Mary Morrissey, Olena Kalytiak Davis, and Marisa de los Santos

Julianna Baggott

I have trouble reading for pleasure anymore. I've been told it's an occupational hazard, a cruel, ironic twist to being a writer. More often than not, I read with a rising panic, more the way one reads a map on I-95 on the way into Philly, past lit smokestacks and scrap-metal yards, looking for the route to the hospital where someone you love may be dying. Worse, the car is a convertible, the map all bird and violent wing-flap in your lap. I read because I've written myself into a corner, or because I haven't written anything at all, or because I want to remind myself that writing is worthwhile, a necessary joy.

And sometimes, when least expected, the pleasure of reading creeps up on me. No, more accurately, there is a book that refuses to be read like a map, refuses to be read with panic. And, suddenly, it's not only pleasure, but love. I fall in love with characters, sentences, words. Here are three recent romances.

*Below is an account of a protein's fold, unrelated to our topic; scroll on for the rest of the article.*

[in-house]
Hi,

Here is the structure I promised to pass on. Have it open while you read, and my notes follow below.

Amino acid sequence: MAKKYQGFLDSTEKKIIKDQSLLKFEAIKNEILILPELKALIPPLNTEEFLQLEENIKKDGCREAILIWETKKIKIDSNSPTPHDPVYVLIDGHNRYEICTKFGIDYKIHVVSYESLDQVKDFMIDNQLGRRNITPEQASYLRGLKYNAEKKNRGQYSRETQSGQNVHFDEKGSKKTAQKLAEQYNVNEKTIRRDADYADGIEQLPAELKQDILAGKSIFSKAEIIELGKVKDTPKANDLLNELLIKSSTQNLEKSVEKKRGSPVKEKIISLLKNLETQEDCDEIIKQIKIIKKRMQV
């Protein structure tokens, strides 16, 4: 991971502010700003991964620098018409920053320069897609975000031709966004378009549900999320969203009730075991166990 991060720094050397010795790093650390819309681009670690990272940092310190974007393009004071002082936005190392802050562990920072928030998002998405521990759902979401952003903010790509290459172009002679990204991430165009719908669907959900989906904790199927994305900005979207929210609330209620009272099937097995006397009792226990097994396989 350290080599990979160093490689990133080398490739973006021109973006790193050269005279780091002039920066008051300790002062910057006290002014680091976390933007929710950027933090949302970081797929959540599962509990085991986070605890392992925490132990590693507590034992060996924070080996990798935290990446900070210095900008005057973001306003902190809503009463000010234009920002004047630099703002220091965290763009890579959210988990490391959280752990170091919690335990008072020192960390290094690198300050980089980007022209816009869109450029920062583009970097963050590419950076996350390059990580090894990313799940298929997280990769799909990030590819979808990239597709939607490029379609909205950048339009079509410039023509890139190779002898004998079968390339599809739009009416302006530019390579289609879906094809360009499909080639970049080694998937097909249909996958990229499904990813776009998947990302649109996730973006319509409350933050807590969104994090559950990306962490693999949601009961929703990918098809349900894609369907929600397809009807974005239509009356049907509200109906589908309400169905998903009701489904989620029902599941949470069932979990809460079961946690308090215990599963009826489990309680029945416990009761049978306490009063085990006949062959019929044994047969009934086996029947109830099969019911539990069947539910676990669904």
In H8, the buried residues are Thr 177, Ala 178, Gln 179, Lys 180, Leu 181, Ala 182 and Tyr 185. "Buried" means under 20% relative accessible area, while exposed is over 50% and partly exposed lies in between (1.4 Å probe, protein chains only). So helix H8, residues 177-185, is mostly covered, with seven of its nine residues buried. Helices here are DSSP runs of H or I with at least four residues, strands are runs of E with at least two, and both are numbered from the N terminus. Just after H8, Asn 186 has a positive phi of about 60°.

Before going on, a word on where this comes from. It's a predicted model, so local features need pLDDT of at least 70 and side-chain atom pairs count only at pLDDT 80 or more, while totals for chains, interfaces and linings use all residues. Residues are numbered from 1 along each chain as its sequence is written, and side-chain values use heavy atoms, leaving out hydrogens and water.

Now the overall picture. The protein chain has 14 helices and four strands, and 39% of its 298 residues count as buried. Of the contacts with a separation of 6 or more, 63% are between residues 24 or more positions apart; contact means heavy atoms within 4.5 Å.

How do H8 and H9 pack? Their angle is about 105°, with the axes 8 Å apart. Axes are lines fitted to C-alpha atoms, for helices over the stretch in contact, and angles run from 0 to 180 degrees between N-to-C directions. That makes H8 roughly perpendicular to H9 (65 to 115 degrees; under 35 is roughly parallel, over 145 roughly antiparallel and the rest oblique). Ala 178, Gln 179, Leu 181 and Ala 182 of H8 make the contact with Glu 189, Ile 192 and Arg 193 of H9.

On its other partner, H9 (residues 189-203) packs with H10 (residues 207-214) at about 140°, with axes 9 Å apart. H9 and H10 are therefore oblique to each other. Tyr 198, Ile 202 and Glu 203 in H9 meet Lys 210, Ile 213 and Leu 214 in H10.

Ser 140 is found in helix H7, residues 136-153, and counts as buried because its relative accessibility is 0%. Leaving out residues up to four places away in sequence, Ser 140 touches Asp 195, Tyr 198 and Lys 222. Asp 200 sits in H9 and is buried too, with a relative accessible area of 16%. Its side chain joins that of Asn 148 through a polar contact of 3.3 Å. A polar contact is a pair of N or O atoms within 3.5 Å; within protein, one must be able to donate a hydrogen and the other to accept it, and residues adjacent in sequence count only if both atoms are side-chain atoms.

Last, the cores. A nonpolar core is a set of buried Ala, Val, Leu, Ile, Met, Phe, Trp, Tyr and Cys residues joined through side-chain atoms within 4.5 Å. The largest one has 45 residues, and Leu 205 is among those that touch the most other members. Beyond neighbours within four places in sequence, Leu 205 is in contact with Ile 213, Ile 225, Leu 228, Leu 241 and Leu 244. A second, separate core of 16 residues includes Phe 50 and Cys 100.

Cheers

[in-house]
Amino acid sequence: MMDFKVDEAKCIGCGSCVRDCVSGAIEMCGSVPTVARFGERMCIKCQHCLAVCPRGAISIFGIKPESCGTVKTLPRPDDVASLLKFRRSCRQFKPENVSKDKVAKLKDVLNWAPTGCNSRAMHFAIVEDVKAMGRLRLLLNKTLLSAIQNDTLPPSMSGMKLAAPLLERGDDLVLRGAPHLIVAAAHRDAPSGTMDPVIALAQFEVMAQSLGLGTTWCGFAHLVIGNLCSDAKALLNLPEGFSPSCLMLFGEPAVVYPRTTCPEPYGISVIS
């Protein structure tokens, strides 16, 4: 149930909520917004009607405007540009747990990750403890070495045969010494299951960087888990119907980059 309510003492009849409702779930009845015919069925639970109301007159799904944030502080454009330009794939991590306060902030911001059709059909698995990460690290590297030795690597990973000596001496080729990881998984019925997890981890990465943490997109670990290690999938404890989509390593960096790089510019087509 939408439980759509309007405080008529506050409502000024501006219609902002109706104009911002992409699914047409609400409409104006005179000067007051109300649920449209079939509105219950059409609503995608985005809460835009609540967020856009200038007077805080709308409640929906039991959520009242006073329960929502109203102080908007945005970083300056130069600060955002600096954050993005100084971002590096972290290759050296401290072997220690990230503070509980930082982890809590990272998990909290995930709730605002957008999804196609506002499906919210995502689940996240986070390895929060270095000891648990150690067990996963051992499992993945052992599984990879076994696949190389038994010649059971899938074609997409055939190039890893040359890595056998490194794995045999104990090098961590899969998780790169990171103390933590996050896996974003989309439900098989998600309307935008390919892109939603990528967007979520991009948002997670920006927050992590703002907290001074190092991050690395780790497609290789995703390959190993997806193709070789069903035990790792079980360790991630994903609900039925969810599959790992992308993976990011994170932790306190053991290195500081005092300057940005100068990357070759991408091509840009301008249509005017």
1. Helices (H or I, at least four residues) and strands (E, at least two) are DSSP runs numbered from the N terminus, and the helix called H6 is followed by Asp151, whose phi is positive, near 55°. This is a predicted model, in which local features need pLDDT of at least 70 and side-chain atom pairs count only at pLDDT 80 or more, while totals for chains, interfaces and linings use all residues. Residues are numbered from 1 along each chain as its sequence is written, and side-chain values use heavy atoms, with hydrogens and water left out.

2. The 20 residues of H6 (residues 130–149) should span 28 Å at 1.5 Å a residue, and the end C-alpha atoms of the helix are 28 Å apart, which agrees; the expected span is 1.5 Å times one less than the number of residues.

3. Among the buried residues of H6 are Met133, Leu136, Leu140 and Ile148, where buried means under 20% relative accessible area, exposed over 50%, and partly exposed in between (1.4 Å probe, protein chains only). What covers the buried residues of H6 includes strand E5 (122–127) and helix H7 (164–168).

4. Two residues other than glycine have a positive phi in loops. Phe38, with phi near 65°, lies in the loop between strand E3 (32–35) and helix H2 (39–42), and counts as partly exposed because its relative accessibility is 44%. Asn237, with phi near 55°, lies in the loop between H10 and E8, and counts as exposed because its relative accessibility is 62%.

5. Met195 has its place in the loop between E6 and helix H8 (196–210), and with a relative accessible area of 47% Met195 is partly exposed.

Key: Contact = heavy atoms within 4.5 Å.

My husband picked this book off the shelf off an editor's bookcase at Random House UK: Mary Morrissey's Mother of Pearl (not to be confused with the Oprah pick, by the same title). I started to read this book specifically for language. In the first few sentences, it became clear that the words themselves were going to be the most important event, and so I began underlining those that struck me, but by page three, I was transported. Morrissey is not only a genius within each sentence, she is a master of character and structure.

Olena Kalytiak Davis, author of And Her Soul Out of Nothing, a collection of poems, has an absolutely unique voice, a wild, philosophical mind. I find her astounding, poem after poem. I think she confounds and illuminates, breathtakingly.

Marisa de los Santos's collection From the Bones Out is precise and achingly beautiful. It is sweeping in its breadth, in what it takes on. The themes emerge and wind throughout the book, taking on one form and then another.

These three books make me jealous and desirous. They leave me tender. Proceed cautiously.